[space] – invalid peer; might cause a synchronisation loop, have an incorrect stratum, or might be unreachable or too far away from the root servers

The command also lists connected time servers and displays information indicating when they were last polled and the stability of the responses. The column headings are as follows:

00000001 = 001
00000011 = 003
00000111 = 007
00001111 = 017
00011111 = 037
00111111 = 077
01111111 = 177
11111111 = 377

Further information on system performance is available by entering # ntpq -pcrv, i.e

# ntpq -pcrv
     remote           refid      st t when poll reach   delay   offset  jitter
oGPS_NMEA(0)     .GPS.            0 l   13   16   17    0.000    4.283  15.311
associd=0 status=0414 leap_none, sync_uhf_radio, 1 event, freq_mode,
version="ntpd 4.2.8p10@1.3728 Mon Jan 22 04:34:19 UTC 2018 (1)",
processor="aarch64", system="Linux/3.14.79+", leap=00, stratum=1,
precision=-20, rootdelay=0.000, rootdisp=957.849, refid=GPS,
reftime=de0fe945.4a8ca1d0  Mon, Jan 22 2018  4:38:29.291,
clock=de0fe952.936909f3  Mon, Jan 22 2018  4:38:42.575, peer=32513, tc=4,
mintc=3, offset=23.051000, frequency=0.000, sys_jitter=15.310890,
clk_jitter=10.016, clk_wander=0.000, tai=37, leapsec=201701010000,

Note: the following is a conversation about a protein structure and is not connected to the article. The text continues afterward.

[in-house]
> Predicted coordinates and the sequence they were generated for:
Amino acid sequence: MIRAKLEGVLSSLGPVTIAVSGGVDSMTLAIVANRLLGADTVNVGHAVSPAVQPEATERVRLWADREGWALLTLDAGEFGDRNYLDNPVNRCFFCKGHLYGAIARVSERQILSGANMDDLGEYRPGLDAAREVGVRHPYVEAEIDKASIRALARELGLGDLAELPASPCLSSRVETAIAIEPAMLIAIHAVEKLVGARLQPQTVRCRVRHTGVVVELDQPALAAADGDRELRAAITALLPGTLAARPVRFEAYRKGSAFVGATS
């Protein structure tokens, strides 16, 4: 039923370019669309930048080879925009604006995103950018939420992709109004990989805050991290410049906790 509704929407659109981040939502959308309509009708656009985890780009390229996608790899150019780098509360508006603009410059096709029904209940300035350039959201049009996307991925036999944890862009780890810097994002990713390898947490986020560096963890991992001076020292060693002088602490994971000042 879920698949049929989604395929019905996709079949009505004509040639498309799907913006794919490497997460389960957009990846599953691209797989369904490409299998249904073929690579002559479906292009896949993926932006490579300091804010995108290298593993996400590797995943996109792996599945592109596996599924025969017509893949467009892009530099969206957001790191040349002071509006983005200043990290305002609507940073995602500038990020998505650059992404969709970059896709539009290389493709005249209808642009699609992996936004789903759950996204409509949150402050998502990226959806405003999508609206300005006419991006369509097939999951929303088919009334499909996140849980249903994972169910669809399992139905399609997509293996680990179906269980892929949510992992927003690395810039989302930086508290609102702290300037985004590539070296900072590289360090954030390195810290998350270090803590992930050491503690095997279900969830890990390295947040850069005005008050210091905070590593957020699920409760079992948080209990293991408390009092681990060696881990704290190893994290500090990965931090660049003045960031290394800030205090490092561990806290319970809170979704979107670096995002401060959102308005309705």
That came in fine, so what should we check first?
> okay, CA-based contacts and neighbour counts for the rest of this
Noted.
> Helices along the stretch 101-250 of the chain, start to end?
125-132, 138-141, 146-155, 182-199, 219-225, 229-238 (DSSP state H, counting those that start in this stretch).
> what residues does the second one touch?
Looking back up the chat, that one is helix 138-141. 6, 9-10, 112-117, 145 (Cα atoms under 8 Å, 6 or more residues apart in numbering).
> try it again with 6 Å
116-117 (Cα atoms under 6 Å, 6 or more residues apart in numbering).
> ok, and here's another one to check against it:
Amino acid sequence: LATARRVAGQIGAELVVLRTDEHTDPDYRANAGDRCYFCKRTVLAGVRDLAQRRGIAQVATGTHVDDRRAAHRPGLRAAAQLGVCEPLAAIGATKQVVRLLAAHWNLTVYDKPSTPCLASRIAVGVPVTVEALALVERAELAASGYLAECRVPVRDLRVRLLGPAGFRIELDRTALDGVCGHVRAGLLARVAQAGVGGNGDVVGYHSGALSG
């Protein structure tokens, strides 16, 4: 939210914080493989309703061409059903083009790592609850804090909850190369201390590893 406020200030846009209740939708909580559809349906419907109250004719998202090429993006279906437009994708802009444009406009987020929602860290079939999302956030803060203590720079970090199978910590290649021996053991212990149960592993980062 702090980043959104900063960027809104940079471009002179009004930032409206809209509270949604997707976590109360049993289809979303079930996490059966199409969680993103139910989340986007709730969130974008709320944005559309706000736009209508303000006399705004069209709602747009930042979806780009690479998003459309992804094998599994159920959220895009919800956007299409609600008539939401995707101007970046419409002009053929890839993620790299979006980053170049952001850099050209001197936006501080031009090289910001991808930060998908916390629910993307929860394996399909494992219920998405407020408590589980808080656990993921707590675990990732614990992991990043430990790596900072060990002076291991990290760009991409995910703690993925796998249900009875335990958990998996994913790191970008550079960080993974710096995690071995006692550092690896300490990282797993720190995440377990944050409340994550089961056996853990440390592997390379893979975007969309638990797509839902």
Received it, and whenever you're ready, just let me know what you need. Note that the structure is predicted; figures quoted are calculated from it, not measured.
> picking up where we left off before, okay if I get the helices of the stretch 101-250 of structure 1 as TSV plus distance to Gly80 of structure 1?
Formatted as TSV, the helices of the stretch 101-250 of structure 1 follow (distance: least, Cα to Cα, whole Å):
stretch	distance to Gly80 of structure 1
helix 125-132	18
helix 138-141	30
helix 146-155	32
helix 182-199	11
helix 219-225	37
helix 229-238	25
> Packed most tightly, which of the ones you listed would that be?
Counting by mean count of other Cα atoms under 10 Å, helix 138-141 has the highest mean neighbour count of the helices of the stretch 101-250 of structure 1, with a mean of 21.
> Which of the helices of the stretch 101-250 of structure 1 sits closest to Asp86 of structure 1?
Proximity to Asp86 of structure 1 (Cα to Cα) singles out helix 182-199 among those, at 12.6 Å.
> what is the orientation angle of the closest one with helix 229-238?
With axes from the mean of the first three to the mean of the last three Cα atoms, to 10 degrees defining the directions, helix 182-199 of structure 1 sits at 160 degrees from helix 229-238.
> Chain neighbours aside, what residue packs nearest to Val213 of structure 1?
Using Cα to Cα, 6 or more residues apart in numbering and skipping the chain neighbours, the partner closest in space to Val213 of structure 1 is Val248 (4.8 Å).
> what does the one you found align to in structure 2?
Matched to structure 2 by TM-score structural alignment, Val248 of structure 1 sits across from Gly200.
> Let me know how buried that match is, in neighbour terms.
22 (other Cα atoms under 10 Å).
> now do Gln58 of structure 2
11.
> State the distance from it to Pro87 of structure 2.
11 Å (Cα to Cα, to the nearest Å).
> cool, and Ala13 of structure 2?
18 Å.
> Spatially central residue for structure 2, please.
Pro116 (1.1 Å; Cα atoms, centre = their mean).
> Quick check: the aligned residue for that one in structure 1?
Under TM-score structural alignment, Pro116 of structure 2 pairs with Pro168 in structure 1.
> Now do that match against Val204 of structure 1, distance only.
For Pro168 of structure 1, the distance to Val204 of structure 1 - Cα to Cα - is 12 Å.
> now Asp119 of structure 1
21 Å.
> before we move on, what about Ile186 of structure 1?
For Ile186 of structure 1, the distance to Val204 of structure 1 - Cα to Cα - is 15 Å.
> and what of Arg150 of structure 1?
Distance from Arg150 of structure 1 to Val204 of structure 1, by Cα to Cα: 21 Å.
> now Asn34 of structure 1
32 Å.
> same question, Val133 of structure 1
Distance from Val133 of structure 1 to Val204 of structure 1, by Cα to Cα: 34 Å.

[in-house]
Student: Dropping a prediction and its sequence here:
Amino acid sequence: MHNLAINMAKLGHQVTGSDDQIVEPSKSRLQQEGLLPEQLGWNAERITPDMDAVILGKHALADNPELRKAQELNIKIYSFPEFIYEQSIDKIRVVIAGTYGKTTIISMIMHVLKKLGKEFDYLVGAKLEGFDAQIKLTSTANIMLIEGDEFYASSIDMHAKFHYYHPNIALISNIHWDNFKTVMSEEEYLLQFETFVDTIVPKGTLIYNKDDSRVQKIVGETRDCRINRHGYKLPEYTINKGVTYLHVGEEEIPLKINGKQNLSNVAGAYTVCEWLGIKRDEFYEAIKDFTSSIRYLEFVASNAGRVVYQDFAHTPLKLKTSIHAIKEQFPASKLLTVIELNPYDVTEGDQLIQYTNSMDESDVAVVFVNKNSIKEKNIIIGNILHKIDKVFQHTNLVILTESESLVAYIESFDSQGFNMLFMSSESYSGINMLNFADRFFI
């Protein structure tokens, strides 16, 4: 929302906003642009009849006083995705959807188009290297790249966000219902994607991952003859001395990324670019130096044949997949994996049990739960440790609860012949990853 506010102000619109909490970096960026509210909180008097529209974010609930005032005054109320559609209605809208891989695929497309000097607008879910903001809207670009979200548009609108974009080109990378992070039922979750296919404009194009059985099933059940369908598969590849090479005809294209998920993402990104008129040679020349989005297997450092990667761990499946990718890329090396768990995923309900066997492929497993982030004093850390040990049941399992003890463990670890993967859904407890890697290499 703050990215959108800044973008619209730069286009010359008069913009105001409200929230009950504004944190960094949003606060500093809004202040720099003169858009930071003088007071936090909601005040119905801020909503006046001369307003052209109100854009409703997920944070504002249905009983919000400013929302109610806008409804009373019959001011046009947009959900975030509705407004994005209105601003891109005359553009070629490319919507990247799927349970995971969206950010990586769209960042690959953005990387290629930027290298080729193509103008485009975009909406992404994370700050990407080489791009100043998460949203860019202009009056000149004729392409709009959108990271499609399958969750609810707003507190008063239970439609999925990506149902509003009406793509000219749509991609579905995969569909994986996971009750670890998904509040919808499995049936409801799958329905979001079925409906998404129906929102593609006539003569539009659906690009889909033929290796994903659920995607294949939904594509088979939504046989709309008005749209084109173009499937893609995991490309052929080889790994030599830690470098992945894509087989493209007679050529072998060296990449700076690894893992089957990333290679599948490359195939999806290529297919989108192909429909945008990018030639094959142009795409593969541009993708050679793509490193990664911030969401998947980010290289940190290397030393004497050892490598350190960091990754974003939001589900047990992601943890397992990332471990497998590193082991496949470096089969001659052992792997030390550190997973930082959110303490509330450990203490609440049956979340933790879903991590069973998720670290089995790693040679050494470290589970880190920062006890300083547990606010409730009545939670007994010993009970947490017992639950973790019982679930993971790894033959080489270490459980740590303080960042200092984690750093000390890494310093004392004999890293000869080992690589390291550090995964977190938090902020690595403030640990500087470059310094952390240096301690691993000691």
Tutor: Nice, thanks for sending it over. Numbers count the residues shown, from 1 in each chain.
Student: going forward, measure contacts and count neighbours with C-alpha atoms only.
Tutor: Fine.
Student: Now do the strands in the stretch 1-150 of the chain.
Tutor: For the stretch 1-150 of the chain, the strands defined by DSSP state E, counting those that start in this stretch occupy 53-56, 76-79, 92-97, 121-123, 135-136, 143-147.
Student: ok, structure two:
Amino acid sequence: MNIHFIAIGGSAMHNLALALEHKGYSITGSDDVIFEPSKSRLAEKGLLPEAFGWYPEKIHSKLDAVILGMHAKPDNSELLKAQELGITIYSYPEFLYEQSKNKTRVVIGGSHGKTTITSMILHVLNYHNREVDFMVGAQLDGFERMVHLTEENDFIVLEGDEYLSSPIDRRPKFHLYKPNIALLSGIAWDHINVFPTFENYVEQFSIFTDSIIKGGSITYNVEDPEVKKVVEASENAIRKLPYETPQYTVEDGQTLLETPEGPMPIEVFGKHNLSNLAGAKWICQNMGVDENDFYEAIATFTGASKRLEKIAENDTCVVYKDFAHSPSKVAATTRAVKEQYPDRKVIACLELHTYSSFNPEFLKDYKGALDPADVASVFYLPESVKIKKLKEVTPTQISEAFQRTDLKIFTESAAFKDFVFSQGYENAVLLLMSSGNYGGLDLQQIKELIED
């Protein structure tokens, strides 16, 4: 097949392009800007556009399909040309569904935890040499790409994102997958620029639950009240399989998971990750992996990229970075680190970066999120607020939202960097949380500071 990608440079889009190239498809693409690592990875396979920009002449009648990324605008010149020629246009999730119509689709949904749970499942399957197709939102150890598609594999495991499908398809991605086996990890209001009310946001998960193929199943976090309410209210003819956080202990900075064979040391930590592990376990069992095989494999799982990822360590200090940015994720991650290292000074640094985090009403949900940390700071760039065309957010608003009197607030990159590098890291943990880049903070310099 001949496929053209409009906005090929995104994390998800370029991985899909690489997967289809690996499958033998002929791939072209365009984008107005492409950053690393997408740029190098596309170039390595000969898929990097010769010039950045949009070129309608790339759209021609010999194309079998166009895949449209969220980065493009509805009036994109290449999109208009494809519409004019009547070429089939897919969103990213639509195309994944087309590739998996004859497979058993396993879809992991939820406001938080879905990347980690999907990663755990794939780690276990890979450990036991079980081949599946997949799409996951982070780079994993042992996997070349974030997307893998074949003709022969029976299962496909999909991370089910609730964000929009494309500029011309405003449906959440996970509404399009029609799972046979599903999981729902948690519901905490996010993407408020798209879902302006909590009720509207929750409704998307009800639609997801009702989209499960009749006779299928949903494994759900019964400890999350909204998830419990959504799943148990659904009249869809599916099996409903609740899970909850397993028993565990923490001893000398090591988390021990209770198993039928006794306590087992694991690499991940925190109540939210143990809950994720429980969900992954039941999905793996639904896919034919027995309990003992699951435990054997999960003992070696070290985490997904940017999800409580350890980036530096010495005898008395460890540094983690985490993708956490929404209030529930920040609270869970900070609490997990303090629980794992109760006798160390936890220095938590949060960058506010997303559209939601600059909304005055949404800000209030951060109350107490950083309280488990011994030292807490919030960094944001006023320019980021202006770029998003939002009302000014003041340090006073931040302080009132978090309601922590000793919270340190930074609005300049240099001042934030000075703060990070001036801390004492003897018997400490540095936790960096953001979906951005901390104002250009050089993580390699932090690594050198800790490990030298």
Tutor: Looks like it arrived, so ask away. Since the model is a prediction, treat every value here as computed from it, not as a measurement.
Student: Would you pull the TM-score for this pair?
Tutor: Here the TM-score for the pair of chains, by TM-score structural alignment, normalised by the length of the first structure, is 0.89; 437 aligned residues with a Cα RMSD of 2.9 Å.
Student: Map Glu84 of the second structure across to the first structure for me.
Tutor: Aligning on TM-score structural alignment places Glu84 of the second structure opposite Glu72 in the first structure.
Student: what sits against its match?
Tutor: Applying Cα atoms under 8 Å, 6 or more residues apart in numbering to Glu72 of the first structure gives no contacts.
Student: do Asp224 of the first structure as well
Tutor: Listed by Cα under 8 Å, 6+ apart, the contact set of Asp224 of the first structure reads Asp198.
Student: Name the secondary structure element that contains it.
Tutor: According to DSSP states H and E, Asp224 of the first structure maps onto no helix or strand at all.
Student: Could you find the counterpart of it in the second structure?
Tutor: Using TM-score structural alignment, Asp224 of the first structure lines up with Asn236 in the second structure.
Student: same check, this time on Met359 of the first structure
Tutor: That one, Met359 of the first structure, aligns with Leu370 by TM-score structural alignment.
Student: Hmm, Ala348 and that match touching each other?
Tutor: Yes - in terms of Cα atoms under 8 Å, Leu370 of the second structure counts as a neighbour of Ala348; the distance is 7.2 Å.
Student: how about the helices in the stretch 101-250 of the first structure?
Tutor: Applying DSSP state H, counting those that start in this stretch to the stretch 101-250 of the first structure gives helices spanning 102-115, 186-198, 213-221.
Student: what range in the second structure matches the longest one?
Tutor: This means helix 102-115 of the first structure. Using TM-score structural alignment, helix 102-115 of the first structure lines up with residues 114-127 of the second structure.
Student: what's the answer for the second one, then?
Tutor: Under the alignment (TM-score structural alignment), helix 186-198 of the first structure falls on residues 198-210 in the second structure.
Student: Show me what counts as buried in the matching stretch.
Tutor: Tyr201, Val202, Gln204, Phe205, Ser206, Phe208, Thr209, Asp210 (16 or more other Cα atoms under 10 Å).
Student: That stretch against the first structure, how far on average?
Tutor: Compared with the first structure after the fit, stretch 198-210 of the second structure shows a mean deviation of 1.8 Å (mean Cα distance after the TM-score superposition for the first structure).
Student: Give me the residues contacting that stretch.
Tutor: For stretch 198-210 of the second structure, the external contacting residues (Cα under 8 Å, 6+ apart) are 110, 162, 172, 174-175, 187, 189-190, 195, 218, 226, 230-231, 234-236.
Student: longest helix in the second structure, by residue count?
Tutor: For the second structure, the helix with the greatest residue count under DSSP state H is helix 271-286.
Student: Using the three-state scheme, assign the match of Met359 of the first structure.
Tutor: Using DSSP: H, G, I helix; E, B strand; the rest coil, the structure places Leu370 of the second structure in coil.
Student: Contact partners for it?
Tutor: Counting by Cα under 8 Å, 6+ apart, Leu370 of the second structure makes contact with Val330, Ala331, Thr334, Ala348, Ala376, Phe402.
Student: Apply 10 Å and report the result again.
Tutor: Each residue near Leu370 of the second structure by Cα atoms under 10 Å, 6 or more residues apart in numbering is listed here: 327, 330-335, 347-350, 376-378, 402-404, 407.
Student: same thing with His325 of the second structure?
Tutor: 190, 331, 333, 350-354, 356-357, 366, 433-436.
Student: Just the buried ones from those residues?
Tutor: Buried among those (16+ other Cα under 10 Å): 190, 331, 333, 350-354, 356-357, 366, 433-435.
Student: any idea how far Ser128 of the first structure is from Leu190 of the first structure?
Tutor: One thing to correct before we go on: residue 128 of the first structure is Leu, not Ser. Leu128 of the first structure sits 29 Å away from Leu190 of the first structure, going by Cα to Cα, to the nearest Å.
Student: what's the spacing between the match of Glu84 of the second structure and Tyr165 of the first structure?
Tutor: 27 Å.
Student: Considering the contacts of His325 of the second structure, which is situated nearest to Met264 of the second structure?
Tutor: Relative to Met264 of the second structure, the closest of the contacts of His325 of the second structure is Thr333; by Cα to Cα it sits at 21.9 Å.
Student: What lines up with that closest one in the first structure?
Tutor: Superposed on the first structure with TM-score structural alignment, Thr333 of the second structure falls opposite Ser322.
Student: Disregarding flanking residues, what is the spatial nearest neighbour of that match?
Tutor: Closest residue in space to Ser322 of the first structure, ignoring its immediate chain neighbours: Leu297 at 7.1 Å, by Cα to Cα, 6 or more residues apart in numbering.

Update leap-seconds

The Generic NMEA receiver does not identify ahead of time upcoming leap seconds so we need to handle this by calling the update-leap script which verifies and if necessary updates the leap-second definition file with cron, enter the command
crontab -e

Paste the following line at the bottom of the file, this will call the update script every Monday at 11PM

23 0 * * 1 root /usr/sbin/update-leap

Final check

Its worth a final reboot and verifying the service starts and that the PPS clock manages to sync. If everything works correctly you now have a functional stratum-1 timeserver. The next step is to configure pfSense to use this.

Configure pfSense

This will build upon my baseline pfSense setup guides where NTP was already being served by the pfSense router to devices on our local subnets. NTP traffic was blocked from leaving our VL10_MGMT, VL20_VPNLAN and VL30_CLRNET subnets preventing telemetry being collected from devices where the NTP protocol may be used to identify our IP address. VL40_GUEST is served by pfSense too, but is also open to access any external NTP servers.

Configure NTP service

Navigate to Services > NTP Server


Statistics Logging

Leap Seconds

Click Save and Apply

Heres how my configuration looked before hitting Save

NTP configuration

NTP status

Navigate to Status > NTP to see how your time sources are performing

NTP status

NTP monitoring

Navigate to Status > Monitoring to see how your NTP sources have been performing over a longer time period.

NTP monitoring


NTP Documentation
NMEA message list
NMEA reference clock drivers
NMEA driver 20 reference


11 February 2018
Updated for DietPi v6